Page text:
Marikina and shoes
Marikina, to many Filipinos, is synonymous with shoes, the same way that ducks and balut are traditionally associated with Pateros, jewelry-making with Meycauayan, balisong with Batangas, and lechon with La Loma. When I saw the video of the giant red shoe that represents the “shoe capital of the Philippines” swept down the raging Marikina River, I knew Typhoon “Ulysses” had done its worst. Before COVID-19, the Marikina shoe industry was estimated to be worth P1 billion. After COVID-19 and Ulysses? It’s anybody’s guess.
Marikina traces its beginnings to a Jesuit foundation in 1630, while the shoe industry began in 1887, the tail-end of the Spanish period, when the area’s name was still spelled “Mariquina.” A certain Laureano Guevara, also known as “Kapitan Moy,” started it all by ripping apart his pair of imported shoes to see how it was made, and put it together again. Then, using the dismantled parts as padron or patterns, he and some friends produced new shoes, first with canvas that was cheaper and easier to handle, before moving on to leather tanned in Meycauayan and, later, cheap leather imports from Europe.
Guevara’s hand-made shoes were cheaper than imports and, I guess, sturdy enough to compete with the originals, so his small town shop’s success ignited the gaya-gaya, puto maya syndrome among neighbors, giving birth to the present Marikina shoe industry.
Guevara’s former home is now a museum that comes with a historical marker, the text of which, translated from the original Filipino, reads: “First shoe factory in Marikina. In this house, that became a school, was born Laureano Guevara (Kapitan Moy), the first shoemaker in Marikina. Son of Jose Emiterio Guevara and Matea Mariquita Andres, he began to make shoes at the end of 1887 with the help of Tiburcio Eustaquio, Ambrosio Santa Ines, Gervasio Carlos, and others. They discovered the correct way of making shoes and their continued success spurred the Municipal Council to draft a resolution on July 2, 1958 making this house a museum.”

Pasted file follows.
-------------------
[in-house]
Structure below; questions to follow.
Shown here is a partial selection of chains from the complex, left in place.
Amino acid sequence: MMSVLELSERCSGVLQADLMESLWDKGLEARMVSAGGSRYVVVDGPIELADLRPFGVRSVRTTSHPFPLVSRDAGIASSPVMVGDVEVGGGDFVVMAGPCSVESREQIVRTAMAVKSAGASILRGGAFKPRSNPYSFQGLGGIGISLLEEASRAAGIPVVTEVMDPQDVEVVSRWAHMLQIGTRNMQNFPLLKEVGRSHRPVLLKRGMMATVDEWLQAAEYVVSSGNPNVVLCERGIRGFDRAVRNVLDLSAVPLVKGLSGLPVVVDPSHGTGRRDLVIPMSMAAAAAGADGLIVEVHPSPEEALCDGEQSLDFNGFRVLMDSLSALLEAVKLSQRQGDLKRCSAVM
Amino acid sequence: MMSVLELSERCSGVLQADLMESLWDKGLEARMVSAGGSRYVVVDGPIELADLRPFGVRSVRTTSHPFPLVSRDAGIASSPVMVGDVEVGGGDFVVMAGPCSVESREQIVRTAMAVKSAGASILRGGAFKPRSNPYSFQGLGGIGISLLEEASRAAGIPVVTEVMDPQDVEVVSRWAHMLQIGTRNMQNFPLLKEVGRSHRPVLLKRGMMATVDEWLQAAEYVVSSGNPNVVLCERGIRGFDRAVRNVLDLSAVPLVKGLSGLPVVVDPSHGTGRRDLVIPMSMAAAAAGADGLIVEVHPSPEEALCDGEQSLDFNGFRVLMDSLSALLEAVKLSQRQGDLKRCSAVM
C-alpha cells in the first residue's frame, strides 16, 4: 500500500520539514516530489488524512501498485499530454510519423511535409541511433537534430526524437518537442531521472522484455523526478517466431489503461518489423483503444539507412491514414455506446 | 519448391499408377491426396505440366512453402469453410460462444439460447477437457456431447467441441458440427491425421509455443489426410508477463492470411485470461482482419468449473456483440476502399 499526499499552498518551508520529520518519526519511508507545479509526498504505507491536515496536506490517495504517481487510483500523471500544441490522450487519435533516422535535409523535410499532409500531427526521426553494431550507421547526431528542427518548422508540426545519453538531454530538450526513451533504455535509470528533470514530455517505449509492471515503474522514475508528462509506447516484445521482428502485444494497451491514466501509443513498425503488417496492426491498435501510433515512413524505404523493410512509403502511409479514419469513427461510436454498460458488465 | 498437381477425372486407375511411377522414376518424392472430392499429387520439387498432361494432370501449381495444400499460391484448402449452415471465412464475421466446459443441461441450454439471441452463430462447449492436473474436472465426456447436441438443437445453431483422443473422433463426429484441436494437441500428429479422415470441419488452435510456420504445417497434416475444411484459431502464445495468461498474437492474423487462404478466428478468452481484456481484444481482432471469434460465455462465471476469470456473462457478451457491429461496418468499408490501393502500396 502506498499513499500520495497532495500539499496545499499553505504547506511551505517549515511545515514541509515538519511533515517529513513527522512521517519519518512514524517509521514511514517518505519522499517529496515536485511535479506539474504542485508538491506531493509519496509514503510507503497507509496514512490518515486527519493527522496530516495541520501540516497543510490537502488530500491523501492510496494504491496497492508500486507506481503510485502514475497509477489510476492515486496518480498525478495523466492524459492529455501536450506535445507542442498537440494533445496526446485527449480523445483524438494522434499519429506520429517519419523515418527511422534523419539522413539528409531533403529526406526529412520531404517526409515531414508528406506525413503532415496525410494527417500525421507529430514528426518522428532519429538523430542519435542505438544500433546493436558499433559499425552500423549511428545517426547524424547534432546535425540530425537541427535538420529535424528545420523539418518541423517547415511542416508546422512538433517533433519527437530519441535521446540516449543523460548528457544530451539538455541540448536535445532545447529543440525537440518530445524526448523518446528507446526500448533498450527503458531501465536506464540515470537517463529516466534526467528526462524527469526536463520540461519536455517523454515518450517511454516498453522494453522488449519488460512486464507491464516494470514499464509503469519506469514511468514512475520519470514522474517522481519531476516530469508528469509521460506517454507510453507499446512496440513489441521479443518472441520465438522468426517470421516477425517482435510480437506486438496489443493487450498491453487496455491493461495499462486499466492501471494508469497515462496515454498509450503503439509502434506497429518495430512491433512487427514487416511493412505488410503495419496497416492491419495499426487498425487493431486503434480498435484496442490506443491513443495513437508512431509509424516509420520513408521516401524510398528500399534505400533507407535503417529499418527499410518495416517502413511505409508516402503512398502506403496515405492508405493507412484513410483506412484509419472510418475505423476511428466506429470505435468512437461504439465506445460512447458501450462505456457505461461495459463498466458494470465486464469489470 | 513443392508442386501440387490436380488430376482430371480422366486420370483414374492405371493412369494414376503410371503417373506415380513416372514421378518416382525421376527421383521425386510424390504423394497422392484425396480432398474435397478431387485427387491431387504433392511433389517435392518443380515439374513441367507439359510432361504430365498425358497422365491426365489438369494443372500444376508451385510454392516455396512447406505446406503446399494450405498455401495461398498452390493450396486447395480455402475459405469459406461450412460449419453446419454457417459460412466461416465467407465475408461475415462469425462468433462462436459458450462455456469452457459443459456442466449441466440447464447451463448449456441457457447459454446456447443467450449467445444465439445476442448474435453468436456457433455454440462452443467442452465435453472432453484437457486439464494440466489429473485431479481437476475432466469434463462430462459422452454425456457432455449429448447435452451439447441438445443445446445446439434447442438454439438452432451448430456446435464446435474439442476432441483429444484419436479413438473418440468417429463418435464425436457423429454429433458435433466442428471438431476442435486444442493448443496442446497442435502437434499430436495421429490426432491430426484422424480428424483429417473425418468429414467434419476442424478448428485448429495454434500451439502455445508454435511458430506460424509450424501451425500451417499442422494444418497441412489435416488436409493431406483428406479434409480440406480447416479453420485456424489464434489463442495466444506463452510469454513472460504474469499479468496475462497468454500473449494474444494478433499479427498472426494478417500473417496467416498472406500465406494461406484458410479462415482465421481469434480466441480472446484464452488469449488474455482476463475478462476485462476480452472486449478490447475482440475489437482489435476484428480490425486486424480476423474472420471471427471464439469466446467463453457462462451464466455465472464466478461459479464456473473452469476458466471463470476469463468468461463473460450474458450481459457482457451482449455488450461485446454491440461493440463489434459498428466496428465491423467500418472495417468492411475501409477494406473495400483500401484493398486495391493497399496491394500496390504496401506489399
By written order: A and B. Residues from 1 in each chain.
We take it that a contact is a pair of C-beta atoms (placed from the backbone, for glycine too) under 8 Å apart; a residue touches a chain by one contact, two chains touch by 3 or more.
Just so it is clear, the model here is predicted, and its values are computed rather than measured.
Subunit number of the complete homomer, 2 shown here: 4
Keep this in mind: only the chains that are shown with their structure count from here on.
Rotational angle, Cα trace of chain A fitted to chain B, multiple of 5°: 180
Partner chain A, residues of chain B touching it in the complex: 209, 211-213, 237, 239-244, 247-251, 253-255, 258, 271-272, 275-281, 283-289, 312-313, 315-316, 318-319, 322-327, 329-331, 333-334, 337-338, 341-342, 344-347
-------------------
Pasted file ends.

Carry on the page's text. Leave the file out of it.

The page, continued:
A stray reference in my old notebook says that the first Marikina Shoe outlet opened in Escolta in the 1900s and did brisk business. With the industry expanding, the shoemakers decided to form a guild or union to protect their interests, not knowing that it would later be taken over by Chinese merchants who offered them cheap low-quality materials on credit. When the Marikina shoemakers overextended themselves, the Chinese merchants then came to collect their debts. The locals having no cash to repay for materials and loans, the Chinese then dictated the price and eventually controlled the business.
The shoemakers eventually found another outlet in Filipino viajeros or ambulant vendors who got shoes on credit and sold them throughout Luzon and perhaps even as far as the Visayas and Mindanao. This worked out well if the viajeros were honest, but some ran off with the shoes and the payments, leaving the shoemakers little choice but to close shop or return to the credit offered by the Chinese.
When the Americans took over from the Spaniards at the turn of the 20th century, the Marikina shoe industry was already in decline. But the entry of US-made shoes and new fashion gave Marikina shoemakers something new to copy and compete with. In time, the Americans helped rehabilitate the industry by providing the shoemakers with fine imported leather, copper nails, better tools, and modern sewing machines. The educational system also provided vocational instruction to prepare pupils for definite work: farming, housekeeping, carpentry, woodworking, etc. In Olongapo, through an agreement with the US Navy Yard, students were introduced to the operation and repair of engines, boilers, and pumps. The success of the program led to the establishment of the Mariquina Trade School in the 1900s for shoemaking, as reported by the Philippine Commission to the US Secretary of War.
It is ironic that Marikina took in the infamous Imelda Marcos shoe collection from Malacañang and displayed them in a city museum. Mrs. Marcos may be synonymous with shoes, but she only wore imported expensive brands like Bally, instead of the homegrown ones made in the Marikina Valley.
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